- A White House official tested positive for COVID-19 earlier this week. The official was vaccinated.
- There have been other cases of the White House breaking through, Psaki said earlier this week.
WASHINGTON – The White House on Friday refused to disclose the number of groundbreaking COVID-19 cases among vaccinated staff after an assistant tested positive for the virus earlier this week.
Press secretary Jen Psaki suggested the public did not need this information, even as the U.S. vaccination effort falters and COVID cases increase due to the more contagious delta variant.
When asked for data on breakthrough cases at the White House on Friday, Psaki noted that vaccinated people who have breakthrough infections are much less likely to become seriously ill or die.
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“As many medical experts have said, inside and outside of government, those who are vaccinated are protected against serious illness,” Psaki said at the White House briefing. “Most are asymptomatic if they are vaccinated people.”
She said the impact of the revolutionary cases is limited because the country is “in a different place” now than it was six or seven months ago, when the Biden administration’s vaccination campaign did not take place. that gain momentum.
Pressed again by a reporter, Psaki asked, “Why do you need to have this information?
For “transparency, in the public interest and a better understanding of how decisive cases work here in the White House,” replied the journalist.
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Psaki noted that the Centers for Disease Control and Prevention was working with state and territorial health departments to investigate breakthrough infections.
According to the CDC, 56.4% of Americans had at least one dose of the COVID-19 vaccine on Thursday. That number is below the White House target of vaccinating 70% of Americans by July 4. As of Thursday, 48.8% of Americans were fully immunized.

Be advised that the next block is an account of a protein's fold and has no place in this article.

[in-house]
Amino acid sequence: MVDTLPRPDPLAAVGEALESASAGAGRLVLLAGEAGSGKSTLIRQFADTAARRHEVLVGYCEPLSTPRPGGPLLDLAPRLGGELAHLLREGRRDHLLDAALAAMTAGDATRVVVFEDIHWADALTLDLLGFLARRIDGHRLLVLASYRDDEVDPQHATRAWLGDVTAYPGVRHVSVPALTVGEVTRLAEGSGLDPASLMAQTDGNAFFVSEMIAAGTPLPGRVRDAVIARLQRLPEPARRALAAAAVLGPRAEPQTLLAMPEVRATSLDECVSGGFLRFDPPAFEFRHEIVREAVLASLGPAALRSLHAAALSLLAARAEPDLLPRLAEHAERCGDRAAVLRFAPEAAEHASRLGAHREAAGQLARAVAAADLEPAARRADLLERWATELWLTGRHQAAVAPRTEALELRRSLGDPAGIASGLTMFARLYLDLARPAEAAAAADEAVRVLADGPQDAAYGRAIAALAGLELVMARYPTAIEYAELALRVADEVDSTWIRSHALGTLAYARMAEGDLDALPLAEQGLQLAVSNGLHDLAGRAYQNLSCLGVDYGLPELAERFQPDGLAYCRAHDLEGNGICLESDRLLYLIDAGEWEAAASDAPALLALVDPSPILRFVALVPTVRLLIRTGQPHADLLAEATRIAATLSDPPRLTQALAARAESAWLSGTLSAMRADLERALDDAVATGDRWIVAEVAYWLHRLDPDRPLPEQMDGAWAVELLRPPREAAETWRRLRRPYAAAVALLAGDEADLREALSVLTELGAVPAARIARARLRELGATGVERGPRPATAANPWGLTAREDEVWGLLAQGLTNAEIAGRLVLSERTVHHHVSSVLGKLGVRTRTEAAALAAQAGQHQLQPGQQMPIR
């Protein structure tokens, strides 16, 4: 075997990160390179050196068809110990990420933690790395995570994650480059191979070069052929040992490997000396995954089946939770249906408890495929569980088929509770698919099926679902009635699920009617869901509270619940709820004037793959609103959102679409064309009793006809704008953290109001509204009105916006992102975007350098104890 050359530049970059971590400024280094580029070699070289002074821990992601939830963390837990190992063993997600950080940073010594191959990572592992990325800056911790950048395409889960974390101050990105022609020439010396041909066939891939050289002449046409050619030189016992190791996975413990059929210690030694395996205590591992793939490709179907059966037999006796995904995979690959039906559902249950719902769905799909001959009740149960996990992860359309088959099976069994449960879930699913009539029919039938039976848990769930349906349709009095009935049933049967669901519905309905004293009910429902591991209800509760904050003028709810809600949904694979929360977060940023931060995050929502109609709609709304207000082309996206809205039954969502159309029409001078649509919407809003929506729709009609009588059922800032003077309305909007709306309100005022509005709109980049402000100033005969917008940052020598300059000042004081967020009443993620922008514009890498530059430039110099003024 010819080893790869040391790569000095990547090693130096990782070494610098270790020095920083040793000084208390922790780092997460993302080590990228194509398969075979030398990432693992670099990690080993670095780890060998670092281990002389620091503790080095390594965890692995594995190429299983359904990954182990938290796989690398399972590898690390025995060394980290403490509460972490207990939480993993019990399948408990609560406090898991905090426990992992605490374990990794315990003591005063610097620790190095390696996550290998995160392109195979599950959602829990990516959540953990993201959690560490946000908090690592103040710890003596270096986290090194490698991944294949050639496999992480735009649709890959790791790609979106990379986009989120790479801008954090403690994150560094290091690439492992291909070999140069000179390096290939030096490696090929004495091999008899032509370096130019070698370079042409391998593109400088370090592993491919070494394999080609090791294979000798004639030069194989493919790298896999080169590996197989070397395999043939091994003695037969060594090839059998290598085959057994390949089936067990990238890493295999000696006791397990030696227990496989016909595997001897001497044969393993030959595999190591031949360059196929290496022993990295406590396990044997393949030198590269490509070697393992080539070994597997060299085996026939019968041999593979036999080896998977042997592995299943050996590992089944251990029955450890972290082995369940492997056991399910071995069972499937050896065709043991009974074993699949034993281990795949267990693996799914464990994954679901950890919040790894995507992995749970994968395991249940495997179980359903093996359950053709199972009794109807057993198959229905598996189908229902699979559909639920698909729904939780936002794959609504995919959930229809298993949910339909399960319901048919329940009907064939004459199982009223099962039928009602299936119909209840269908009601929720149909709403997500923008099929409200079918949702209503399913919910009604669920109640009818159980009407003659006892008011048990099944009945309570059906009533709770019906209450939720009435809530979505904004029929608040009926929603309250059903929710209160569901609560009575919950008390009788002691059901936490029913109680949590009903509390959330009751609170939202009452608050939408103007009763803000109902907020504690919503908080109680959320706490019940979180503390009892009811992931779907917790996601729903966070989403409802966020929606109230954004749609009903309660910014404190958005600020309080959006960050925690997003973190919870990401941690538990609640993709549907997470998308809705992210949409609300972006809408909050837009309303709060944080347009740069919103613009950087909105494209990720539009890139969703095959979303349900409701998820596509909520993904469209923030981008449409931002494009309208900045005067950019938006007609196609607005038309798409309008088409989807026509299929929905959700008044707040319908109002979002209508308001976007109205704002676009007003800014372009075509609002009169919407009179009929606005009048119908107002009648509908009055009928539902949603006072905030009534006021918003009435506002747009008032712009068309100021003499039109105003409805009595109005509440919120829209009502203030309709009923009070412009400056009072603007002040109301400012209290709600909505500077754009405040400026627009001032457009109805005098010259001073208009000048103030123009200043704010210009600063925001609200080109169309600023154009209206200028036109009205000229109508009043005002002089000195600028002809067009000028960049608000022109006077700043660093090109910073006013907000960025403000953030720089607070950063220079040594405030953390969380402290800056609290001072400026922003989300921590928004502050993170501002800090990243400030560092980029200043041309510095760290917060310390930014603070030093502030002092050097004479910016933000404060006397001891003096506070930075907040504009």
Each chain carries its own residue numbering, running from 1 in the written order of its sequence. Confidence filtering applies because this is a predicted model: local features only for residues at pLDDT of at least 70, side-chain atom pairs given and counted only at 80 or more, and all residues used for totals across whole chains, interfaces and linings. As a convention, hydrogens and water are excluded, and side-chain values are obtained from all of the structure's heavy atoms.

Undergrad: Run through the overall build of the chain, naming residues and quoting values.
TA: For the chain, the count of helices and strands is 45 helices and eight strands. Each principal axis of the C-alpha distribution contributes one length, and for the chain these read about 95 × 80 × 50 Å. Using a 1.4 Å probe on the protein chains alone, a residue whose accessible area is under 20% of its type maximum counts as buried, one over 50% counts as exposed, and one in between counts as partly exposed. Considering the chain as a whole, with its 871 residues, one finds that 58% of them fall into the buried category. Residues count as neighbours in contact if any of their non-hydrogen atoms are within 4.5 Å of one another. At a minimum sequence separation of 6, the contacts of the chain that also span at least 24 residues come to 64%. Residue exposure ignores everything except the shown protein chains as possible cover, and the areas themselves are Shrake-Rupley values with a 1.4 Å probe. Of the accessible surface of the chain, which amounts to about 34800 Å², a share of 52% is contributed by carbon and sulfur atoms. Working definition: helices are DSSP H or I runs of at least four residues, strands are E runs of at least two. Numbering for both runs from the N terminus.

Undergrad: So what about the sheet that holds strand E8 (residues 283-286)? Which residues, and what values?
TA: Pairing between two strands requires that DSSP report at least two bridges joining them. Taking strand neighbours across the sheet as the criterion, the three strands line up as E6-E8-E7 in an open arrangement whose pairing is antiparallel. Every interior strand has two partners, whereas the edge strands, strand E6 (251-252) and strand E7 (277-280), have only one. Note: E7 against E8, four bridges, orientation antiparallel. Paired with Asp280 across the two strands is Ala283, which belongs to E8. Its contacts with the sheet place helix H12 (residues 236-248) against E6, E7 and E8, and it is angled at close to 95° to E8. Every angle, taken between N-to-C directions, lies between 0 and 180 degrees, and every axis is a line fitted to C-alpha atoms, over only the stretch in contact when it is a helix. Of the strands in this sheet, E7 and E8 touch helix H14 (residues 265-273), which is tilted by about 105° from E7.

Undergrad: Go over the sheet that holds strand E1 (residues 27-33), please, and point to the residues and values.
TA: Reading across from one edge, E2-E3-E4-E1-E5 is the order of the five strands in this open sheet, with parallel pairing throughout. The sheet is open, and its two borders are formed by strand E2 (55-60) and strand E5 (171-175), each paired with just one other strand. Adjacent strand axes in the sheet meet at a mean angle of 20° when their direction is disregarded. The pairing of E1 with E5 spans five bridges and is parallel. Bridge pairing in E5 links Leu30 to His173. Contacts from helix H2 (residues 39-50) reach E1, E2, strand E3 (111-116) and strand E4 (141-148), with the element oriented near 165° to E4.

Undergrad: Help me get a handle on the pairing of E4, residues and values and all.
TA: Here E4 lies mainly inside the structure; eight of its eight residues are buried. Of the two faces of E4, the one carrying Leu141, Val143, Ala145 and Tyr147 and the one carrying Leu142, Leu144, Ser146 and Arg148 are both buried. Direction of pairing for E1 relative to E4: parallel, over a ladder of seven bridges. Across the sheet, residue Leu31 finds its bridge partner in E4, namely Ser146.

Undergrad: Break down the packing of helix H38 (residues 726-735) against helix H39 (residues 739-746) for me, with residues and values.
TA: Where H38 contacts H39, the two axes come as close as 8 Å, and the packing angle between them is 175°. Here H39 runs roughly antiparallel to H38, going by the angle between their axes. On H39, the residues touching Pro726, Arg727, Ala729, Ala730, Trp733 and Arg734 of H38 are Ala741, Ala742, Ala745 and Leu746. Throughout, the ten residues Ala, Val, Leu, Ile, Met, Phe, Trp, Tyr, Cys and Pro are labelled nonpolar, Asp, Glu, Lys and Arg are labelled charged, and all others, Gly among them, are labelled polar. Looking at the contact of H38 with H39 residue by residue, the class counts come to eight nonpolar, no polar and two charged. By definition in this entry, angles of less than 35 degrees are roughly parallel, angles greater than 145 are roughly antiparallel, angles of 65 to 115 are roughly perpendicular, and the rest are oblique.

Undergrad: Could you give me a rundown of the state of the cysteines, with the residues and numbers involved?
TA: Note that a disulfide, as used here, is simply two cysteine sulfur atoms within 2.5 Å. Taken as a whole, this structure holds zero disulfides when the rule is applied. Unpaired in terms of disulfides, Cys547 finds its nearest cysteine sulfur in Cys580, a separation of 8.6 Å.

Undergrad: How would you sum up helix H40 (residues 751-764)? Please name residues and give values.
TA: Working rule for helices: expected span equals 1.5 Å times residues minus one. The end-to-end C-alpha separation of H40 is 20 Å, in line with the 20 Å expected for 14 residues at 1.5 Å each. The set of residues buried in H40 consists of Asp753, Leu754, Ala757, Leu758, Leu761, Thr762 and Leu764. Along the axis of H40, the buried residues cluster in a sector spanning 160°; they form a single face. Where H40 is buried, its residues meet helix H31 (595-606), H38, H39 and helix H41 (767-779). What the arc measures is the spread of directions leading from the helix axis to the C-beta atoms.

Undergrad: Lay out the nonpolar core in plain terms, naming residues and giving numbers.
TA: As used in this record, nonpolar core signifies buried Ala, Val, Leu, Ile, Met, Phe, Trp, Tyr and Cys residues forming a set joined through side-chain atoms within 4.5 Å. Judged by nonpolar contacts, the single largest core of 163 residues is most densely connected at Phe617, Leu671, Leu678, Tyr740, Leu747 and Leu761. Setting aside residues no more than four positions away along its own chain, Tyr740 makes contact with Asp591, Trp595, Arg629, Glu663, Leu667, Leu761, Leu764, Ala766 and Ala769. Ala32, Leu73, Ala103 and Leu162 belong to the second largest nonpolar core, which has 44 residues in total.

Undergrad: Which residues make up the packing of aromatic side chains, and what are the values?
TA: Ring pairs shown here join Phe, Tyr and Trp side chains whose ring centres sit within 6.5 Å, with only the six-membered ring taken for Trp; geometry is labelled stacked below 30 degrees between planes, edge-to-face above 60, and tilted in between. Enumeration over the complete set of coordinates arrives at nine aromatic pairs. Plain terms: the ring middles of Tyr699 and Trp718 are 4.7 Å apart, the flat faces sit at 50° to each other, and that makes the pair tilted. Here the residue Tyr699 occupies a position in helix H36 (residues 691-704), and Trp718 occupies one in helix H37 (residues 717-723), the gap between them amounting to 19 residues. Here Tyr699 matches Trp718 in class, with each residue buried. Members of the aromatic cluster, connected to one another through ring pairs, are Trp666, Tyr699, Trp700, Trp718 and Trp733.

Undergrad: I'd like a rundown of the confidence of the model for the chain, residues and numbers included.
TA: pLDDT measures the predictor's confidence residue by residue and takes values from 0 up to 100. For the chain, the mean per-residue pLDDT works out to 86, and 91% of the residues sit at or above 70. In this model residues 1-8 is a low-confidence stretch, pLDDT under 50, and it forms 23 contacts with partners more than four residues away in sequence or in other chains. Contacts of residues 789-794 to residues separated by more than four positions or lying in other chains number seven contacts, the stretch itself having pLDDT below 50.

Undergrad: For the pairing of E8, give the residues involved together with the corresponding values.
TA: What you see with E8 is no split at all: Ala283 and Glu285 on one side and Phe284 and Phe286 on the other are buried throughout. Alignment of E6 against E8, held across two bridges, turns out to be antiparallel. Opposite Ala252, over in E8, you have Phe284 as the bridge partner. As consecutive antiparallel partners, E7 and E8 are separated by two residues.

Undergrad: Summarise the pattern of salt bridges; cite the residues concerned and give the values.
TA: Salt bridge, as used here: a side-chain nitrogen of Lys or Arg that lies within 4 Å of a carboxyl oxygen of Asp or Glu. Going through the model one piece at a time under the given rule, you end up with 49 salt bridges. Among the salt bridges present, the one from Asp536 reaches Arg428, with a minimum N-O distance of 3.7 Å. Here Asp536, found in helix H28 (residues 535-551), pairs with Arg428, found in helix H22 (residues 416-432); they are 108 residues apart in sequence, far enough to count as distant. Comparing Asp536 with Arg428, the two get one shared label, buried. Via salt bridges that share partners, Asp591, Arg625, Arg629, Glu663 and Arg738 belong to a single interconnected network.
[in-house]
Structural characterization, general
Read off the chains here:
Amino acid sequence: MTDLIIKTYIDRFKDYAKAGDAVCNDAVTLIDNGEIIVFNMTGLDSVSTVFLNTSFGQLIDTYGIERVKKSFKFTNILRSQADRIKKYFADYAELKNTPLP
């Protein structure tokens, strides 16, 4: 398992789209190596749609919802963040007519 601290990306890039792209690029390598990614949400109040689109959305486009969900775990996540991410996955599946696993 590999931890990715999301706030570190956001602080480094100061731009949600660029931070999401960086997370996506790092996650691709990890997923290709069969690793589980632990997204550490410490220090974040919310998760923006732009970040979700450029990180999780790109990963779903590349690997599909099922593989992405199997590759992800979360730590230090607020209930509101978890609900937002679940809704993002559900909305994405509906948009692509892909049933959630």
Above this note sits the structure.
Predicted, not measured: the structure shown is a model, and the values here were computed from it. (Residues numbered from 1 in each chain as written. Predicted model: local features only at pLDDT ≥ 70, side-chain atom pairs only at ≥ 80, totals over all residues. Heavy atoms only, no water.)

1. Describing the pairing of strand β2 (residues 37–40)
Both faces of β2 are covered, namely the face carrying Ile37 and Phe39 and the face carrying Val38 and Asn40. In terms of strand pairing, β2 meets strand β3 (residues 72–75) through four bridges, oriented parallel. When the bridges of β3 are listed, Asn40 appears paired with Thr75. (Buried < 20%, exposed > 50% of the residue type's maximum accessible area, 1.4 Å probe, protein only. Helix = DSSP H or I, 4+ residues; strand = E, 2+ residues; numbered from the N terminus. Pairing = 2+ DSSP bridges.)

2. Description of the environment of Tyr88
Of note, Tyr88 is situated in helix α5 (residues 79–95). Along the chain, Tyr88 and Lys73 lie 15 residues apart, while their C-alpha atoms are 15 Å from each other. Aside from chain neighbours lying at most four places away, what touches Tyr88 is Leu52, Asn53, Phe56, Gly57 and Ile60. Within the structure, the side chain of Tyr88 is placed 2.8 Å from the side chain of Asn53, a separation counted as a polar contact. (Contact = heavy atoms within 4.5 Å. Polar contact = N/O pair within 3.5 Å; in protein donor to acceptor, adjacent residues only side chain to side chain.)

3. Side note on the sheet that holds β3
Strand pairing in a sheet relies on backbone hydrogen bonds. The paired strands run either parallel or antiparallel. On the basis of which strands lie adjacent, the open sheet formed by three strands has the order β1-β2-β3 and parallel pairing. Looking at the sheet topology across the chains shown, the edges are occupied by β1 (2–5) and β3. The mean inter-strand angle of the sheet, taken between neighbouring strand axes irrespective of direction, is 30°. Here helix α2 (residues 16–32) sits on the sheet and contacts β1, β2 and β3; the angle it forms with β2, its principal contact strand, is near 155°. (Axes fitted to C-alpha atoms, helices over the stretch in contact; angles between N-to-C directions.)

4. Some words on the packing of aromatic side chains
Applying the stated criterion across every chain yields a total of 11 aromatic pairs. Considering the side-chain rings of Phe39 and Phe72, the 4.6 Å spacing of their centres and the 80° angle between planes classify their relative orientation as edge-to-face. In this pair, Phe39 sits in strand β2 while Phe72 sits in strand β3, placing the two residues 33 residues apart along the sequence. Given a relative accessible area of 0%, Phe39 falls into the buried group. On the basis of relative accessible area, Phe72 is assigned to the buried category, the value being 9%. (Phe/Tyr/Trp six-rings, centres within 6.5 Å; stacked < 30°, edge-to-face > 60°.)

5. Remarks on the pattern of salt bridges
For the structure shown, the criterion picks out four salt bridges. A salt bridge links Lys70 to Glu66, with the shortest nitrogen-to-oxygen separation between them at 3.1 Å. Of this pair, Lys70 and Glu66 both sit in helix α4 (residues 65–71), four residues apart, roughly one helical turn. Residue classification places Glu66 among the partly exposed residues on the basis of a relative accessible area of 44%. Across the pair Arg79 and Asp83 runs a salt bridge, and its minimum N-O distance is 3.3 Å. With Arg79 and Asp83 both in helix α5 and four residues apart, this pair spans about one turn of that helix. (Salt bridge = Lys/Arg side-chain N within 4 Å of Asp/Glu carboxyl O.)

Earlier this week, a White House official and an assistant to the Speaker of the House, Nancy Pelosi, D-Calif., Tested positive for the coronavirus after attending an event together. The White House official and Pelosi staff member have been fully vaccinated.
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COVID-19 vaccines are very effective but do not offer 100% protection against the virus. This means that a small percentage of people who are fully vaccinated will still get COVID-19 if exposed to the virus that causes it, according to the CDC.
However, vaccinated people who have flare-ups are much less likely to become seriously ill or die. The CDC works with state and local health departments to identify groundbreaking cases that result in hospitalization or death. As of July 12, of the more than 159 million fully vaccinated people in the United States, approximately 5,500 had been hospitalized or had died from COVID-19.
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Earlier this week, Psaki said more than one landmark case had occurred in the White House, but declined to give details.
She told reporters on Wednesday that some cases of breakup are inevitable because there are 2,000 people on the White House campus every day. She said the administration would release information if doctors determine that a staff member has had close contact with the president, vice president or their spouses.
Contact Rebecca Morin on Twitter @RebeccaMorin_